A coverage mandate is a legal requirement that dictates that all health insurance policies sold in North Carolina cover certain services, providers, and groups of people. Mandates are the result of laws passed by the General Assembly as a means of regulating the insurance market. Insurance buyers pay for coverage mandates through higher insurance premiums. While some mandates do not affect the price of insurance by very much, others are more costly. North Carolina has 46 mandates, which together have increased the price of health insurance an estimated 41 percent.
The General Assembly is considering another mandate that could increase premiums by 5 to 10 percent: mental health and chemical dependence parity. Such a mandate would treat mental health benefits on an equal basis with other health benefits for the purposes of establishing copays, deductibles and other such costs. The Legislature is currently considering two bills that would implement mental health parity: SB 1434, sponsored by Senator Bob Atwater (D-Chatham); and HB 973, sponsored by Representatives Martha Alexander (D-Mecklenburg), Hugh Holliman (D-Davidson), Verla Insko (D-Orange), and William Wainwright (D-Craven).
How Much Do Mandates Cost?
The cost of coverage mandates varies. Some mandates add less than 1 percent to the cost of an insurance premium. Others, such as mental health parity and prescription drug coverage, add up to 10 percent. Moreover, the cumulative effect of adding one mandate after another can result in a significant increase in cost.
- Although North Carolina has few expensive mandates, it imposes a total of 46 mandates, for an estimated cost of $41 per $100 premium for a health plan, or 29 percent of the total premium (including mandates).1 Thus, while a policy that only provided catastrophic insurance would cost $300, the same policy with 46 mandates costs $423. If legislation for mental health parity passes this year, premiums would rise to approximately $446.
- Four of the most expensive mandates cover services provided by chiropractors, dentists, psychologists and social workers. Together, these mandates add an estimated 10 percent to the premium cost of health insurance. Mental health parity is the most expensive coverage mandate being considered in North Carolina. This mandate alone would add an estimated 5 to 10 percent to the cost of health insurance premiums.
- To get an idea of how much mental health parity will increase the cost of insurance for ordinary consumers, we can look at how much adding such a mandate has increased costs in the State Health Indemnity Plan, the insurance program that covers most state employees and retirees. The total cost to the plan last year for these services was $35.6 million, or an average of $60 per covered person. Actuaries consulting with the Fiscal Research Division of the General Assembly estimate it will cost the state between $4 million and $5 million to add mental health and substance abuse parity to its newly instituted, optional PPO plan.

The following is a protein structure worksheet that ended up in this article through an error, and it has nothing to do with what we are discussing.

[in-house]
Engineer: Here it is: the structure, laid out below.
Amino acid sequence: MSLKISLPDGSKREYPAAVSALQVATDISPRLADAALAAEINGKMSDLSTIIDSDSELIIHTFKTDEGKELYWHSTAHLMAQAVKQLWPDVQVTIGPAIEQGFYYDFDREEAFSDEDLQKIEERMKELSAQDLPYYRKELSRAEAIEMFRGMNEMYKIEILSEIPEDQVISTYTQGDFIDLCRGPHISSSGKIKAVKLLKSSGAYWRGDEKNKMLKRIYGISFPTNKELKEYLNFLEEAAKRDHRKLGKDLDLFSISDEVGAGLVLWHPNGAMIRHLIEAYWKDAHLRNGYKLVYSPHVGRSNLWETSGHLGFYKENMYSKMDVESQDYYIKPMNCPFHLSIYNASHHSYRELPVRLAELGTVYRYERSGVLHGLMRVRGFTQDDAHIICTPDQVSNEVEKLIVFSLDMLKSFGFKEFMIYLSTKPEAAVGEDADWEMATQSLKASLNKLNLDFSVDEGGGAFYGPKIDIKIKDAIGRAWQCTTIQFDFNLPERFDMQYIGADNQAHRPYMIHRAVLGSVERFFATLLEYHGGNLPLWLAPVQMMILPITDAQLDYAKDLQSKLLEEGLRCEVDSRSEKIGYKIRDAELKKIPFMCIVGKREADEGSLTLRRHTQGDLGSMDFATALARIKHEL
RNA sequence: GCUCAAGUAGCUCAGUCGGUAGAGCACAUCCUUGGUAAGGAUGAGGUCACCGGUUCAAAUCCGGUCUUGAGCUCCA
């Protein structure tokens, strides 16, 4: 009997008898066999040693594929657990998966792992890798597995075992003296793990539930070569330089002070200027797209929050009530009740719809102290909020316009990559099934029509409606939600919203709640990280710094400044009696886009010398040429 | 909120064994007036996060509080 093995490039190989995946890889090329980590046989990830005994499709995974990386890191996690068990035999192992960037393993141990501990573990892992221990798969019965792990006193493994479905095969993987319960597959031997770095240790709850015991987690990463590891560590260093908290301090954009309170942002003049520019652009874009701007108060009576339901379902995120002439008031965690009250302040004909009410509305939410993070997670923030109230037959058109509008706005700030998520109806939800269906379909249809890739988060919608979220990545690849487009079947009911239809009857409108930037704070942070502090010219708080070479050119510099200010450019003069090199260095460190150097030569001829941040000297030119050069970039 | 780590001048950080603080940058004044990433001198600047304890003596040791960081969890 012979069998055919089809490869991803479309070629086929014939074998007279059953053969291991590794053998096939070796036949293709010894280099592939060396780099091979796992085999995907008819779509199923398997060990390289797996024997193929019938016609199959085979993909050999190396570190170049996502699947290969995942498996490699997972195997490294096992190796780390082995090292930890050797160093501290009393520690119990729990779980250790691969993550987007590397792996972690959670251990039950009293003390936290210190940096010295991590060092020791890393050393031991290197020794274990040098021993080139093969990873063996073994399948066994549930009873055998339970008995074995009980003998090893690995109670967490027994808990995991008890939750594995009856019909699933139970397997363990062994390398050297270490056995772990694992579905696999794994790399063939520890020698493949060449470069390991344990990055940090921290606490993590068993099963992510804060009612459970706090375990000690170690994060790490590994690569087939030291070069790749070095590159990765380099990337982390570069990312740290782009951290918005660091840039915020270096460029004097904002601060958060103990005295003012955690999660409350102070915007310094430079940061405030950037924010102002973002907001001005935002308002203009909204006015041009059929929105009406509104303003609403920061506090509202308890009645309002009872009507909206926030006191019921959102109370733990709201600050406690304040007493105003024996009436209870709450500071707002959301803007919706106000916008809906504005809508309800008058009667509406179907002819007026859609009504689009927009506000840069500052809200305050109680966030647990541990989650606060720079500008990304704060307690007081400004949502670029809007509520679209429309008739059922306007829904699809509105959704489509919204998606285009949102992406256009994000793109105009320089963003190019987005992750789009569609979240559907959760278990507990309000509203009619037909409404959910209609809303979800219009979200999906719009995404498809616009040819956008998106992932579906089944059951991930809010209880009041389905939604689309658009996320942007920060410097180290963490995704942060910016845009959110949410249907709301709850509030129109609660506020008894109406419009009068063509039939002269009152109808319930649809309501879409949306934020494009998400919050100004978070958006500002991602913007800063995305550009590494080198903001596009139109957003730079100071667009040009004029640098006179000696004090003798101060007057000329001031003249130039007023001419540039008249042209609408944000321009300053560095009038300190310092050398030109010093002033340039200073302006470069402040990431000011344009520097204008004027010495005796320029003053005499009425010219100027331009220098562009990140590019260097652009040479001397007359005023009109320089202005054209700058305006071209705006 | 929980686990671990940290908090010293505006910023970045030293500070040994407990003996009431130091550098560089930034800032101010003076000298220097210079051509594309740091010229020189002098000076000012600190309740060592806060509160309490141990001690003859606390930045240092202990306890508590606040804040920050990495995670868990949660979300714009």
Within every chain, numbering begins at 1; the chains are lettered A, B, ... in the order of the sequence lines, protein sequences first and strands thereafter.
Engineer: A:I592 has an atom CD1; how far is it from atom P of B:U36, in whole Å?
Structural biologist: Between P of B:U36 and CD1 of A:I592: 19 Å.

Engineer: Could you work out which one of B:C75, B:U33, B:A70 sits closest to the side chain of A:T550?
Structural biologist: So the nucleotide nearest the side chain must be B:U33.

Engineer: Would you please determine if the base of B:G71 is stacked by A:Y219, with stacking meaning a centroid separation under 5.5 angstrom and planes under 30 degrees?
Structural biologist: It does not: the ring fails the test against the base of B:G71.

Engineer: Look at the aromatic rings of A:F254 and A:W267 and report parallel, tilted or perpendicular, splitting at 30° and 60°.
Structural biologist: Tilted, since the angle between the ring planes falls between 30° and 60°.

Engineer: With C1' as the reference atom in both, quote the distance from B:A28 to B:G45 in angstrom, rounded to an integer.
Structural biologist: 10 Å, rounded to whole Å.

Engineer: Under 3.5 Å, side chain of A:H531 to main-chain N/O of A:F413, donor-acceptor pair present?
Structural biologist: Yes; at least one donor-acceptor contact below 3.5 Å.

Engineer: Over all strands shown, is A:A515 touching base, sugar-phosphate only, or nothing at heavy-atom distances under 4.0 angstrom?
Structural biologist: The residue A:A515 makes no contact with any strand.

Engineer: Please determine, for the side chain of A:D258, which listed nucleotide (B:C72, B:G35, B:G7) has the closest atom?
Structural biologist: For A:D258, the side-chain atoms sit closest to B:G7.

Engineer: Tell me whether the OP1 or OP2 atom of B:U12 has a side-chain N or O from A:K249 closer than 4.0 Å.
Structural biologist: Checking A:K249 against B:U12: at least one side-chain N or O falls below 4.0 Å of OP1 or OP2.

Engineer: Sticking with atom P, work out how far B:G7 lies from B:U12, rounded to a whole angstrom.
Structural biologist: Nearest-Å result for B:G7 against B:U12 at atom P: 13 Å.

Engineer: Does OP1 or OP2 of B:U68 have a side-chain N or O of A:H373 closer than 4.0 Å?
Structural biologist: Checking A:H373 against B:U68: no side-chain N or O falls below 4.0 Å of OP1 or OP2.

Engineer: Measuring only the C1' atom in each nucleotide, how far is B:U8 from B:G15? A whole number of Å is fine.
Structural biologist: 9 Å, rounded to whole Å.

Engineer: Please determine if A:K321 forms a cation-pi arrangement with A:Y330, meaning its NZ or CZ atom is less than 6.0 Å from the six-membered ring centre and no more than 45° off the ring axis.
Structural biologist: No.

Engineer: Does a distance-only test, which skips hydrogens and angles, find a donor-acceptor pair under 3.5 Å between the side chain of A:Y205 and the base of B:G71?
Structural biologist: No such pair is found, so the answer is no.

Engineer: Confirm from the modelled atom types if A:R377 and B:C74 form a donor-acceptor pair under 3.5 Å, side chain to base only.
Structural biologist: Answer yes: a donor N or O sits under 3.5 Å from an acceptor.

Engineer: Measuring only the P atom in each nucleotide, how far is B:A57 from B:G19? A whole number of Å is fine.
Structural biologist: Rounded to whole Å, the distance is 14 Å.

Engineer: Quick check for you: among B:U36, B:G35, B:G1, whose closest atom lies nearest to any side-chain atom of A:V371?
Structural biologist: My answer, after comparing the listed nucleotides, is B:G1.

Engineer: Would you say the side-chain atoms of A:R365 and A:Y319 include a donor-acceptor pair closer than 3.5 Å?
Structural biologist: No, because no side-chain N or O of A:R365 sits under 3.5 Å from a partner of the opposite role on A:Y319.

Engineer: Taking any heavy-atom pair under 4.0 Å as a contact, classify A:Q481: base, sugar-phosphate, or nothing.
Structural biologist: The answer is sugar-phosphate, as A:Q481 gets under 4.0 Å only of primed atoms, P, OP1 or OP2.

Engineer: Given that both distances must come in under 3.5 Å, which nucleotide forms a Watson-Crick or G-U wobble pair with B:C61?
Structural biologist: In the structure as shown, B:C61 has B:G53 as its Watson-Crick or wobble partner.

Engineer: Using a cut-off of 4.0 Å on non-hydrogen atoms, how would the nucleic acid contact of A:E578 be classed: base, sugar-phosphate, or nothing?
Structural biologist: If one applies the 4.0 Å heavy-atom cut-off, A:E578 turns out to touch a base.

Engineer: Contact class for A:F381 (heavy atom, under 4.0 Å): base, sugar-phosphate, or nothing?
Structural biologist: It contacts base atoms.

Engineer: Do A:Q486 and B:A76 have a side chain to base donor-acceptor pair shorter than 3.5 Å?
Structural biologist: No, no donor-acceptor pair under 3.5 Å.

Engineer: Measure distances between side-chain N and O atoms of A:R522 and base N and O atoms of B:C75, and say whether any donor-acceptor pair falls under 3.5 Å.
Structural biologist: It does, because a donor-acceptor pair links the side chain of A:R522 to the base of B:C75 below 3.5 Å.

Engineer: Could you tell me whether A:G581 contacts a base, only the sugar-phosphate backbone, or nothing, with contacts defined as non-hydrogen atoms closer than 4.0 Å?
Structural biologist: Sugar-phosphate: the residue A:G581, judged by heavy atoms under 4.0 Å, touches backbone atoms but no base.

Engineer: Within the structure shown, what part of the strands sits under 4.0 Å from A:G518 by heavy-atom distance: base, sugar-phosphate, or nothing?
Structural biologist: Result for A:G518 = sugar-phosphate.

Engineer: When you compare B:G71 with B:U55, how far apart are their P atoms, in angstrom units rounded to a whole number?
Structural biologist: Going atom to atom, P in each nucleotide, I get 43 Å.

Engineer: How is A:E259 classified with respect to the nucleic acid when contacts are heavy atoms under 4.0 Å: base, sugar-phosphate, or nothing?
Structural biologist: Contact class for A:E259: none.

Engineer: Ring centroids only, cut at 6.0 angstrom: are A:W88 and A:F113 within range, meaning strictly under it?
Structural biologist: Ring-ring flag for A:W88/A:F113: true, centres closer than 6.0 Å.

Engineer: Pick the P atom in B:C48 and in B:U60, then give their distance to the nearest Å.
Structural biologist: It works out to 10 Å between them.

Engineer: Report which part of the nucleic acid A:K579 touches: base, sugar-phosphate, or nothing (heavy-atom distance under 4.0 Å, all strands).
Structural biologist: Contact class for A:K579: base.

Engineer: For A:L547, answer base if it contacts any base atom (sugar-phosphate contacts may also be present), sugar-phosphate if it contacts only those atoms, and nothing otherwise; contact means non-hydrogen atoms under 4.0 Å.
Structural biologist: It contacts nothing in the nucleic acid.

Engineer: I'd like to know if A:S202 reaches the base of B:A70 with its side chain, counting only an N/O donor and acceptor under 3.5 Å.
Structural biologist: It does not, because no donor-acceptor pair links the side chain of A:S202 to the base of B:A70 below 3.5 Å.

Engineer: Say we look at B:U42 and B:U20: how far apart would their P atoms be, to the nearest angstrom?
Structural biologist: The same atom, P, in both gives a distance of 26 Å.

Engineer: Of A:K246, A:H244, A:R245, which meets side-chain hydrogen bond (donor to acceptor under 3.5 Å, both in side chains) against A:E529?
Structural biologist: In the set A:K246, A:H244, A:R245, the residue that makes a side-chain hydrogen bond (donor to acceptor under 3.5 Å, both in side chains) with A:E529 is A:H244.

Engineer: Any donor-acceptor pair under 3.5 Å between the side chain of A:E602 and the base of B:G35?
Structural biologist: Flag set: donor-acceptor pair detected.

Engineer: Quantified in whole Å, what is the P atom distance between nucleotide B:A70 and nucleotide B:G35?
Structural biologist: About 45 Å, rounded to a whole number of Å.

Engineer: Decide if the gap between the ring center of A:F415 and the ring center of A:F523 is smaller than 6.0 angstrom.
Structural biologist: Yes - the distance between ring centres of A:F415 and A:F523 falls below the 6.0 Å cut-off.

Why Have Mandates?
While some mandates have been imposed in response to complaints that certain consumers could not obtain insurance coverage for needed medical services, many mandated services would be covered even in the absence of state mandates. For example, insurance companies are unlikely to offer policies that do not include preventative care (routine mammograms, for instance) and lower-cost service providers, such as a nurse practitioner instead of a doctor. Moreover, other mandates apply to services that consumers can voluntarily purchase by tailoring their insurance coverage to meet their specific needs.
How Does North Carolina Compare?
- Rare Mandates. Six of the rarest mandates, covered by 15 or fewer states, add about 3 percent to the cost of a premium: birthing centers/midwives (6 states); bone mass measurement (15); cleft palate (14); marriage therapists (13); pastoral counselors (2); and pharmacists (5).
- Analysis of Impact. According to the Council for Affordable Health Insurance, at least 30 states require an analysis of the impact of existing or proposed mandates on health insurance premiums. Virginia and Maryland, for example, analyze the cost of all mandates (current and proposed). While North Carolina requires fiscal analyses of bills that would financially impact the state or local governments, health insurance mandates for private insurers do not fall under these categories. (Thus, while any legislator can request a fiscal note on any bill, there is no automatic obligation to review the cost of mandates). Insofar as HB 973 would apply to the state’s PPO plan, a fiscal analysis has been done of the impact on the PPO plan. Yet no legislative analysis has been published detailing what effect mental health parity will have on private plans.
- Estimates are based on reports from the Council for Affordable Health Insurance (CAHI). The costs of mandates also depend on other factors, such as the size of the state’s population (risk pool), the degree of competition between health plans, and the details of the mandate. In Virginia, for example, mammograms add an estimated $4.90 per $100 premium cost. CAHI estimates that the U.S. average is much lower: $.50 per $100 premium cost.